Welcome to Bay of the Living Dead, a monthly column dedicated to horror films and TV shows, past and present.
Joseph Sheridan Le Fanu's novella "Carmilla" was first published in 1871 in The Dark Blue
, a publication of the period. The following year it appeared in Le Fanu's collection of short stories: In A Glass Darkly
. "Carmilla" was a tale of terror that no doubt raised many eyebrows in its day: Countess Carmilla Karnstein was a vampire with a particular taste for the blood of young ladies.
Though not as well known as Bram Stoker's Dracula
, which was published 26 years later, "Carmilla" remains a horror classic in its own right. Some could argue that Stoker in fact borrowed from Le Fanu's "Carmilla" — vampire hunter Baron Vordenburg has more than a passing resemblance to Dracula's arch-enemy Van Helsing.
"Dracula's Guest," a Stoker short story published two years after the author's death in 1914, was thought to be to a deleted chapter from Dracula
. The 1936 Universal Studios film Dracula's Daughter
claimed to be an adaptation of "Dracula's Guest," though the film told an entirely different story than what was initially published. But it did retain what may have been borrowed form LeFanu — a (at the time) shocking lesbian seduction scene in which the Count's thirsty daughter (Gloria Holden), posing as an artist, feasted upon the throat of a female model (Nan Gray) after asking the terrified young woman to remove her top.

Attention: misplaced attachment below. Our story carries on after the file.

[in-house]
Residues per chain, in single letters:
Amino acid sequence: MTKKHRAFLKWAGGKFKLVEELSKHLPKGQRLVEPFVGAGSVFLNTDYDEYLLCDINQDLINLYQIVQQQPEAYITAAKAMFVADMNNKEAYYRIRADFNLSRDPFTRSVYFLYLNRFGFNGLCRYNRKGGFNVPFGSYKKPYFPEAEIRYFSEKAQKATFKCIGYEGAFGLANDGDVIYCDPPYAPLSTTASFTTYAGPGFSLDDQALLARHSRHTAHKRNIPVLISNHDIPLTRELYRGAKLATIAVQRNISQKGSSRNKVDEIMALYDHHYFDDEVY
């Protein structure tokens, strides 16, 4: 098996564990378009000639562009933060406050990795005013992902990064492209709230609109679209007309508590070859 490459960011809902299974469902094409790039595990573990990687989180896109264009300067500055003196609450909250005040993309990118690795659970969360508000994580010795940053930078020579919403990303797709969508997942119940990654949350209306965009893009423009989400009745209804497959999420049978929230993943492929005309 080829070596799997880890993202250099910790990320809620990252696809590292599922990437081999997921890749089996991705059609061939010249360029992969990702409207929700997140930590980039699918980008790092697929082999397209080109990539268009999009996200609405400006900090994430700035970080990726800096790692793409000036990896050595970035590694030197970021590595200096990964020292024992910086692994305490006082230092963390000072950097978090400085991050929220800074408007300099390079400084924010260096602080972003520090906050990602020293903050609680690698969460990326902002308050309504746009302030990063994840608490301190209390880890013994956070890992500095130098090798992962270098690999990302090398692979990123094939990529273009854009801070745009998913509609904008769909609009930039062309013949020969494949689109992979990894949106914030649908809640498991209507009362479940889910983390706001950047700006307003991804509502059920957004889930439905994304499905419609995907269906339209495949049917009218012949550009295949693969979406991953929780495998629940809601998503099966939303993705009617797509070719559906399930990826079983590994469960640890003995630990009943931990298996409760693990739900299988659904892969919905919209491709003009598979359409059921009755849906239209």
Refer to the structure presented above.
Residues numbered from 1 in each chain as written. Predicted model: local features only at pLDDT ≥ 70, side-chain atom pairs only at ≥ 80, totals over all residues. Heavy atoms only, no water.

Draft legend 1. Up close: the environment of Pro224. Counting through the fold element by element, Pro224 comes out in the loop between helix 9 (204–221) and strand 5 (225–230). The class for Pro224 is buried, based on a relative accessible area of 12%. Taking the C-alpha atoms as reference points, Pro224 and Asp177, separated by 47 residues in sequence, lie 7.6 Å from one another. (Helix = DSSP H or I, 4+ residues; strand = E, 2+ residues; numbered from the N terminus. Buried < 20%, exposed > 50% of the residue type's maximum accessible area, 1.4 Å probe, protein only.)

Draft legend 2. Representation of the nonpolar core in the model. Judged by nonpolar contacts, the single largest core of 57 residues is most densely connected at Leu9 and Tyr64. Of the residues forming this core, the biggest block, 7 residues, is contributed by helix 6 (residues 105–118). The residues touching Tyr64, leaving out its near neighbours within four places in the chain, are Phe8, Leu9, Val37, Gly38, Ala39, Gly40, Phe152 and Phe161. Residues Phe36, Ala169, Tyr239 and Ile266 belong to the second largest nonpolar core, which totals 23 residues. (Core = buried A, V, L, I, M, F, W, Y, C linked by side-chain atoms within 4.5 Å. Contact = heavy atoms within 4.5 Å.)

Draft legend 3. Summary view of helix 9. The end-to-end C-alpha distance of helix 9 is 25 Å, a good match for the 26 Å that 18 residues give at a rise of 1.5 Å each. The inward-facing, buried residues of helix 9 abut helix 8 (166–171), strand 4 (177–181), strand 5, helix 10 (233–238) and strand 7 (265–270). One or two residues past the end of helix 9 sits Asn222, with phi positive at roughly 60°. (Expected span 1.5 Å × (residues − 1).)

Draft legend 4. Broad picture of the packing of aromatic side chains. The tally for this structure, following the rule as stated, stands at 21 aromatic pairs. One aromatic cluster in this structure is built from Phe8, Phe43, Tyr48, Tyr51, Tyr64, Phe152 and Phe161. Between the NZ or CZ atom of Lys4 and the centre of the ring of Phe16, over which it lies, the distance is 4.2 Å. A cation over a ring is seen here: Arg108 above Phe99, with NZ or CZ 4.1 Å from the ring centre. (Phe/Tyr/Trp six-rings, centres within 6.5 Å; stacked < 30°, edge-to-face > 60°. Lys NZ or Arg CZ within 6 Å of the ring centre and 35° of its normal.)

The most famous, and faithful, screen take on Carmilla was Hammer Films' The Vampire Lovers
, (1970). Polish-born Holocaust survivor Ingrid Pitt had a field day, and a brief brush with movie stardom, with her no-holds-barred performance as a lusty and sometimes nude Carmilla. Though she went to great pains to hide her vampirism, Pitt's Countess flirts openly with women, shocking behavior during the film's 18th century setting. Lesbian content was still considered daring, and titillating, at the time of the film's release. Shots of beautiful young ladies with bite marks on their breasts helped to fill theaters to capacity and made The Vampire Lovers
one of Hammer's biggest hits from the studio's latter day period. It remains a fan favorite.